Submitted by Max Vaehling on May 12, 2009 - 15:25
Thereâ€™s been a lot of talk in the forums recently about how far ahead of your comicâ€™s updating schedule you should be, and if you should bother at all. There seem to be two schools of thought about this issue, the pro side claiming professionality always shows in time, while the con side is more about not stressing yourself out because thatâ€™ll kill your comic for sure. (No pun intended in either case of naming, btw.) David Goodman offered a good spin on it at Webcomics.com thatâ€™s not just about one versus the other. (Yes, the topic has been at other sites than Webcomics.com, too, but these articles were just so easy to find.)
Personally, Iâ€™d love to keep a large buffer, but I know Iâ€™d blow it within the first couple of weeks. Like a bike helmet or a cell phone on a mountaineering trip, it can make you overconfident. I need deadlines to get my work done, or Iâ€™ll waste time researching and designing stuff. Because I have so much time, you know. On the other hand I believe in punctuality. Iâ€™ve promised my readers that Iâ€™ll update Conny Van Ehlsing every Friday. How can I expect anybody to take my comic seriously if I donâ€™t even bother to commit to it in time? (Recently, Iâ€™ve added â€œusually before 8 AM ESTâ€ to the promise because I had been cutting it close a couple of times.) You donâ€™t need a buffer to be on time, but itâ€™s a good safety net. Of course, you have to ignore that the logic behind the buffer is very, very flawed.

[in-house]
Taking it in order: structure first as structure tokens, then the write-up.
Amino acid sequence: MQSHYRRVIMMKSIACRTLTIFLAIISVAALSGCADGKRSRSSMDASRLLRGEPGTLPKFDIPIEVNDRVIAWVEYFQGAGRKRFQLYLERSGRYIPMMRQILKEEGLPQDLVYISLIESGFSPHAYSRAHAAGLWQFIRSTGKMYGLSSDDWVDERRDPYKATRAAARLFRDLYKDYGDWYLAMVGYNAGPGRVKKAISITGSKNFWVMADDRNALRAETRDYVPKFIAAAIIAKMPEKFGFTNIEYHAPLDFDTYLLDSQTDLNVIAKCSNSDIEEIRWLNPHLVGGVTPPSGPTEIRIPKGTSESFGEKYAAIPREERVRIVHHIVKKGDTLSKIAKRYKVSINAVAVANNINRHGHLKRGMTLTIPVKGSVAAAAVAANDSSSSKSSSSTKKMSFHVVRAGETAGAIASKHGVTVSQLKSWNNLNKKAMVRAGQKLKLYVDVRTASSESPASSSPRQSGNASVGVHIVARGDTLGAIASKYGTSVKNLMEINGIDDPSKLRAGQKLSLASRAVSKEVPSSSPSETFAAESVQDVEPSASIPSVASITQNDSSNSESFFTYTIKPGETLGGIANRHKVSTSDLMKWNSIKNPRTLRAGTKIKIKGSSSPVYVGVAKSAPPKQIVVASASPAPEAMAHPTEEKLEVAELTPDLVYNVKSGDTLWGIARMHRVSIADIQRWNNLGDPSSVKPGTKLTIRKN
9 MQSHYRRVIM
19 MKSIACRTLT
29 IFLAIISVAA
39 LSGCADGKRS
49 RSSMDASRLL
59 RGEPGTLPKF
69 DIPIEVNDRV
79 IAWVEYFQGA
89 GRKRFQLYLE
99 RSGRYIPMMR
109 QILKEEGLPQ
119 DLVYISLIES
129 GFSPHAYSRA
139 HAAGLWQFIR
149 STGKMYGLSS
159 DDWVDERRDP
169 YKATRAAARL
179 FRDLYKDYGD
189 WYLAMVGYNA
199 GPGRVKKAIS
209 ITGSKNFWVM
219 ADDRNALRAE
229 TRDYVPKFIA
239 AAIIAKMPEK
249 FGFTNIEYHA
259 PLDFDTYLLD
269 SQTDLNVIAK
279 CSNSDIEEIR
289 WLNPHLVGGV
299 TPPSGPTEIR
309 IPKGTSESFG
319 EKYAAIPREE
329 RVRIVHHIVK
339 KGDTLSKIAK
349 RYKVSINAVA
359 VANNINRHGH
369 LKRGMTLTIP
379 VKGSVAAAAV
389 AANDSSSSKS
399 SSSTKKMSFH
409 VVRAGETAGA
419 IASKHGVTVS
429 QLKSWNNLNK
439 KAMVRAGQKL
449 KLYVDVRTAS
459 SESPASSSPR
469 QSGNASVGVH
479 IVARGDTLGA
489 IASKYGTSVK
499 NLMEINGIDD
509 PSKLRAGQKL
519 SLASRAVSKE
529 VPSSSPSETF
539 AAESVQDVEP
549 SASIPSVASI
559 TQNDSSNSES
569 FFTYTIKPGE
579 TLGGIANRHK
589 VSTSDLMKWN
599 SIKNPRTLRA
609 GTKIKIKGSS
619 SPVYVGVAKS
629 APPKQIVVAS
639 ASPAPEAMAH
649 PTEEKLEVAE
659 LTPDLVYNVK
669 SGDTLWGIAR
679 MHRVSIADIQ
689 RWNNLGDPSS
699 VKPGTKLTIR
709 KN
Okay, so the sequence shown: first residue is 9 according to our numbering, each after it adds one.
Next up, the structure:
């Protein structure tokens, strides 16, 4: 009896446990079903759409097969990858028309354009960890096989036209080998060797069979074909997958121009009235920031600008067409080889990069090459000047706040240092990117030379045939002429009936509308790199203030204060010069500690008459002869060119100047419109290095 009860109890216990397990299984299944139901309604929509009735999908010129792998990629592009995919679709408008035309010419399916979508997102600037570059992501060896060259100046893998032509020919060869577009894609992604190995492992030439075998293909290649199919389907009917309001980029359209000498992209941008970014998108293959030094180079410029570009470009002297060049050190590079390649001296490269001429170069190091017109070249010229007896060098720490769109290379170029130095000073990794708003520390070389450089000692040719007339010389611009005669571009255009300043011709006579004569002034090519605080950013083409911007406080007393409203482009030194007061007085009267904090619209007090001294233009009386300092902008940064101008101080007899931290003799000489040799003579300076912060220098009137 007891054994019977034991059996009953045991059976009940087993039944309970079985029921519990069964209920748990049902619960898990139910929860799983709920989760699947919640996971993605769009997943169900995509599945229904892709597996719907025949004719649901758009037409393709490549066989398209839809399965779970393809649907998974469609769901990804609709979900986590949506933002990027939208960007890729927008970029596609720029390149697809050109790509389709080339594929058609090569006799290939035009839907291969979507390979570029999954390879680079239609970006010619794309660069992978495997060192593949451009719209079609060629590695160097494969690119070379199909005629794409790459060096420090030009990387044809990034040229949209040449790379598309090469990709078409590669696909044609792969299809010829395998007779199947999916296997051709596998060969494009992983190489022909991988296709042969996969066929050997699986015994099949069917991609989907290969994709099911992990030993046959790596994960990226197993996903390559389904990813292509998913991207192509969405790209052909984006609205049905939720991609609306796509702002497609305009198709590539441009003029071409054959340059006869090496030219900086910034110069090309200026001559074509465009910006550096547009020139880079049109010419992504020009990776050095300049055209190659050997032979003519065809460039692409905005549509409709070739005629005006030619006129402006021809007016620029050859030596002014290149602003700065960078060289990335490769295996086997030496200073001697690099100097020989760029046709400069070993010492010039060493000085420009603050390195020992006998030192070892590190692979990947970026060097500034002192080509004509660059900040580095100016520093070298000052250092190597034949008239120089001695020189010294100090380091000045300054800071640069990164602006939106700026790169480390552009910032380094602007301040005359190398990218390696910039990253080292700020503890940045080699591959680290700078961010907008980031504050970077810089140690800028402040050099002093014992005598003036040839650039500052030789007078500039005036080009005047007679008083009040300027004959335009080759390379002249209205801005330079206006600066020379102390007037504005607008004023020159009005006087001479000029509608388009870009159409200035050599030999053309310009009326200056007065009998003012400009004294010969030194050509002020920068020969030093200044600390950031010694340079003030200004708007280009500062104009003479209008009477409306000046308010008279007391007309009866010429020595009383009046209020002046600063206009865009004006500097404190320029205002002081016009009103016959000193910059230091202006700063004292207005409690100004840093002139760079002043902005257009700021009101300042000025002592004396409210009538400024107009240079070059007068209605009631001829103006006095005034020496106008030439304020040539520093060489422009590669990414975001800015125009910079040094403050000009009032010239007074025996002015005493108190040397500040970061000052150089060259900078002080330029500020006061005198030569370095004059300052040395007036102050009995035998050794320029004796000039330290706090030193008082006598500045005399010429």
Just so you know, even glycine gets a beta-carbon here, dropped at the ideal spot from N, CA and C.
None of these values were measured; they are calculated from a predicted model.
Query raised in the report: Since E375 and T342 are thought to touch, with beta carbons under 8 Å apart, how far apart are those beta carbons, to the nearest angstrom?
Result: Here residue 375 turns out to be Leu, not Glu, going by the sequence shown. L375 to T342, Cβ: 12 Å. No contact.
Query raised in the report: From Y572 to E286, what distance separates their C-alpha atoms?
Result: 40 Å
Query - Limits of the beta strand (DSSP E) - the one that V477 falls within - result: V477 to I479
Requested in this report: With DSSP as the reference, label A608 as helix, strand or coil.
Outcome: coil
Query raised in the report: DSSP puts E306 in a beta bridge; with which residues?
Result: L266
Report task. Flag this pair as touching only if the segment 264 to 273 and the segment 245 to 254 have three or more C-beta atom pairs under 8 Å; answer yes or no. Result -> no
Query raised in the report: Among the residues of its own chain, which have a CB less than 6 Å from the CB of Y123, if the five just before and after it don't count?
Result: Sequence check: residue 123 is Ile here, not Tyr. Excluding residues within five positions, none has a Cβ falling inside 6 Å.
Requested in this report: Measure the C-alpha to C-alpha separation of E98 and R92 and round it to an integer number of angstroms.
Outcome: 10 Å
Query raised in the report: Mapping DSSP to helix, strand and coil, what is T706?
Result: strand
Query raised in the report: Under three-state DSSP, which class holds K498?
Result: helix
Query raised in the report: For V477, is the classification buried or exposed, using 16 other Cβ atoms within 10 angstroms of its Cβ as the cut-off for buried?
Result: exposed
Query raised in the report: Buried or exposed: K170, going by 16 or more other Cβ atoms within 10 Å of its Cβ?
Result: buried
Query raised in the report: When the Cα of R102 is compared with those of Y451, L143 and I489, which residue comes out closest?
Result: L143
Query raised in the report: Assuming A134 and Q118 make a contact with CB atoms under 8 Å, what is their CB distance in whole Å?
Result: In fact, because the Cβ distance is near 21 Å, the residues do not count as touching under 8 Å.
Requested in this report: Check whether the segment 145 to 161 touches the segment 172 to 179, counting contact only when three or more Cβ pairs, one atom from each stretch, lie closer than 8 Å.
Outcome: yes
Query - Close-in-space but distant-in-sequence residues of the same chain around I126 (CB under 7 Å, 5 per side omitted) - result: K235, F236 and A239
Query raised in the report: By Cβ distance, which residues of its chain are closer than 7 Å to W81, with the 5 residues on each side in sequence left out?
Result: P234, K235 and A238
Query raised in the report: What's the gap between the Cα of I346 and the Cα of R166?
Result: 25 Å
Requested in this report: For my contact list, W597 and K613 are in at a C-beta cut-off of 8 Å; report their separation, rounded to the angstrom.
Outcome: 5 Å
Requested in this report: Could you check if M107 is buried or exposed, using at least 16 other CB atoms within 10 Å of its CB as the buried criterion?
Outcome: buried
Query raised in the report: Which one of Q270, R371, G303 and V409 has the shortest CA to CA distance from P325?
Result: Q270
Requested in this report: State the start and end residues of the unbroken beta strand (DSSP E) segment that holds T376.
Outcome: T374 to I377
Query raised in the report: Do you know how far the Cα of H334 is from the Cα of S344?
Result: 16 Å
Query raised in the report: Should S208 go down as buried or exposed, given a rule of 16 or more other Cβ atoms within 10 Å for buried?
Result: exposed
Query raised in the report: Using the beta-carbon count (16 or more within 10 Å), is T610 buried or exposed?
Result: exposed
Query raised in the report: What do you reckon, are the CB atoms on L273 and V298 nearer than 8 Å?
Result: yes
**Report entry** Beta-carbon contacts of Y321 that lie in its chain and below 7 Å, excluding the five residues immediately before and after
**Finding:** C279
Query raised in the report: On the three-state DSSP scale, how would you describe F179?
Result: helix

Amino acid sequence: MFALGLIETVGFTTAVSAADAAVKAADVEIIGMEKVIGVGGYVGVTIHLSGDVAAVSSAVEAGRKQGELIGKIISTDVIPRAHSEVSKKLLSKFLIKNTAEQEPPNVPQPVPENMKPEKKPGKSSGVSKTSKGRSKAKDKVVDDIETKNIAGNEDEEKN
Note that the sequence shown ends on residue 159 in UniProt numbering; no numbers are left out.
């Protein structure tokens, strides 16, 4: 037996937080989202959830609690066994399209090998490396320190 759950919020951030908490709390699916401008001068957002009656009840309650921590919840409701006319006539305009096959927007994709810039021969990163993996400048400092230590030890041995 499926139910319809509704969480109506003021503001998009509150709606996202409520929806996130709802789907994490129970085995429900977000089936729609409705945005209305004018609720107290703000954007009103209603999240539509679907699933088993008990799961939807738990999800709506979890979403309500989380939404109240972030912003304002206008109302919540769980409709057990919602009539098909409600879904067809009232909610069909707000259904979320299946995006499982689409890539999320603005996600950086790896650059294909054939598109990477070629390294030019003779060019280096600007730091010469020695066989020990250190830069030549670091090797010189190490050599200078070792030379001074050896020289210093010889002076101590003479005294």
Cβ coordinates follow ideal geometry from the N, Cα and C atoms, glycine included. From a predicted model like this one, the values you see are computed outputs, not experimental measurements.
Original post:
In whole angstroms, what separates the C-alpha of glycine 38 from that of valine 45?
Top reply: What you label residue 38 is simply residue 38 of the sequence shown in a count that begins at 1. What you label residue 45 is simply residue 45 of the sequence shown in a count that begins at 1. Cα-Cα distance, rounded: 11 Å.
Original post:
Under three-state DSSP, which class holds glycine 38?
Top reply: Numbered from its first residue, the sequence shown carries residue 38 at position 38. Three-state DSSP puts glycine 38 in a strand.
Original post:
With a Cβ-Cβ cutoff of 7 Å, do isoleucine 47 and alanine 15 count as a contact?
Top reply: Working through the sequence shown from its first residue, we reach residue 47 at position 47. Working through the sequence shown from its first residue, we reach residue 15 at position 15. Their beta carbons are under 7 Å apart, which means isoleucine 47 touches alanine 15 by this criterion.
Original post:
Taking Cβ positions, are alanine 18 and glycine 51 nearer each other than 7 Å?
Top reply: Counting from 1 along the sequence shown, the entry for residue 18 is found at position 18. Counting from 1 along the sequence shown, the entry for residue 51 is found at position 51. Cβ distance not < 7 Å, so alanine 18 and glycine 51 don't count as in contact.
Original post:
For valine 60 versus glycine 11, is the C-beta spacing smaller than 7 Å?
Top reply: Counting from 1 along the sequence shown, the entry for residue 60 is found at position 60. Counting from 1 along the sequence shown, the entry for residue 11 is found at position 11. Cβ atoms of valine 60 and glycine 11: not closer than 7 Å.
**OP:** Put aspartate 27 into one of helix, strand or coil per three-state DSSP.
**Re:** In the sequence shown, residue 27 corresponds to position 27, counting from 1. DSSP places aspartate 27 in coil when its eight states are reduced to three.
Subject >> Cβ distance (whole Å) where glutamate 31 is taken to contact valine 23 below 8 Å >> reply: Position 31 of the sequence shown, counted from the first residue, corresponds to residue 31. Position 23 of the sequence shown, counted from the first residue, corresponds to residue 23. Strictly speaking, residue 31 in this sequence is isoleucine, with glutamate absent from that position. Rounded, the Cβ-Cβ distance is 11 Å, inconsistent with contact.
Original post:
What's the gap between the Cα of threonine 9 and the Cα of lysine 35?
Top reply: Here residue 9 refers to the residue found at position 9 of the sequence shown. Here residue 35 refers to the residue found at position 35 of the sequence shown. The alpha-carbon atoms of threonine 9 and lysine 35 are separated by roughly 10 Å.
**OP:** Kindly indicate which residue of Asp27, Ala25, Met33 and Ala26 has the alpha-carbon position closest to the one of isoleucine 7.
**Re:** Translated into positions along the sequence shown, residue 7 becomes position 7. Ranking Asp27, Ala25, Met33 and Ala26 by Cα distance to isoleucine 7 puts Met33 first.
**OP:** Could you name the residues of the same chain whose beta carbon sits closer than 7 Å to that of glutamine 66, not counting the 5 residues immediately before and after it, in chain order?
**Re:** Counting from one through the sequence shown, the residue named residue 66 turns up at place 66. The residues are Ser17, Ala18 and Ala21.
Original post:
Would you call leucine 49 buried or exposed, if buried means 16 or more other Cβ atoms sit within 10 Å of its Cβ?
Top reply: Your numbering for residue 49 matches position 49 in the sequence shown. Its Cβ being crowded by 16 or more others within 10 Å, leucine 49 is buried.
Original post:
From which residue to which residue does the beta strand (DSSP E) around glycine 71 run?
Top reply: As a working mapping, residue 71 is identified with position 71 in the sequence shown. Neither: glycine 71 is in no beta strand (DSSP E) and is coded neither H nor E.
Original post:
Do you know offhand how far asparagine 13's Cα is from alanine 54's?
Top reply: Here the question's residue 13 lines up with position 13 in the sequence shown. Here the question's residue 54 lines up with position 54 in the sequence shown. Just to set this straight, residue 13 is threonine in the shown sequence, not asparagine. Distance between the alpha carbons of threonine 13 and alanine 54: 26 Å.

A buffer allows for two things the update-by-update approach doesnâ€™t:
- You can work in spurts, which can be very exciting and fun. I did that with NOT REALLY THERE - the bulk of that story was done within two weeks, due to organisational problems that were totally mine.
- You can go back and fix things you didnâ€™t see at first before itâ€™s too late. It can be a safety net - but also a recipe for desaster, if you do it too much. Because it takes time off the current page youâ€™re working on.
The third advantage - buying you time - is where the logic breaks down. Letâ€™s assume I have a two-week buffer, and I leave for a two-week holiday. Iâ€™ll have to work double shifts after the holiday or continue without the buffer. Any way you slice it, Iâ€™ll still have to finish one page a week, on average. If youâ€™re finishing one page a week anyway, it doesnâ€™t really make a difference if the page youâ€™re working on this week is up this week or next month. Well, until something unexpected comes up, and it does matter.
Since I used up the buffer that was NOT REALLY THERE, Iâ€™ve been working in real time. I used to work in spurts whenever I felt a new story was up, then send the completed stories to zines. Now, Iâ€™m really just working on the current weekâ€™s page, and later I collect the finished stories to submit them. Of course, I can still switch to burst mode if Iâ€™m in the mood and find the time to do it (and with all the other comics I keep planning to do one day, Iâ€™ll have to, just to get them started). But thatâ€™s just the thing - the webcomic is keeping me busy from Tuesday to Friday, so with life demanding attention every now and then, there isnâ€™t that much time to go into burst mode.
Things being as they are, Iâ€™m stuck doing the other Very Professional Thing now -Â making it up as I go.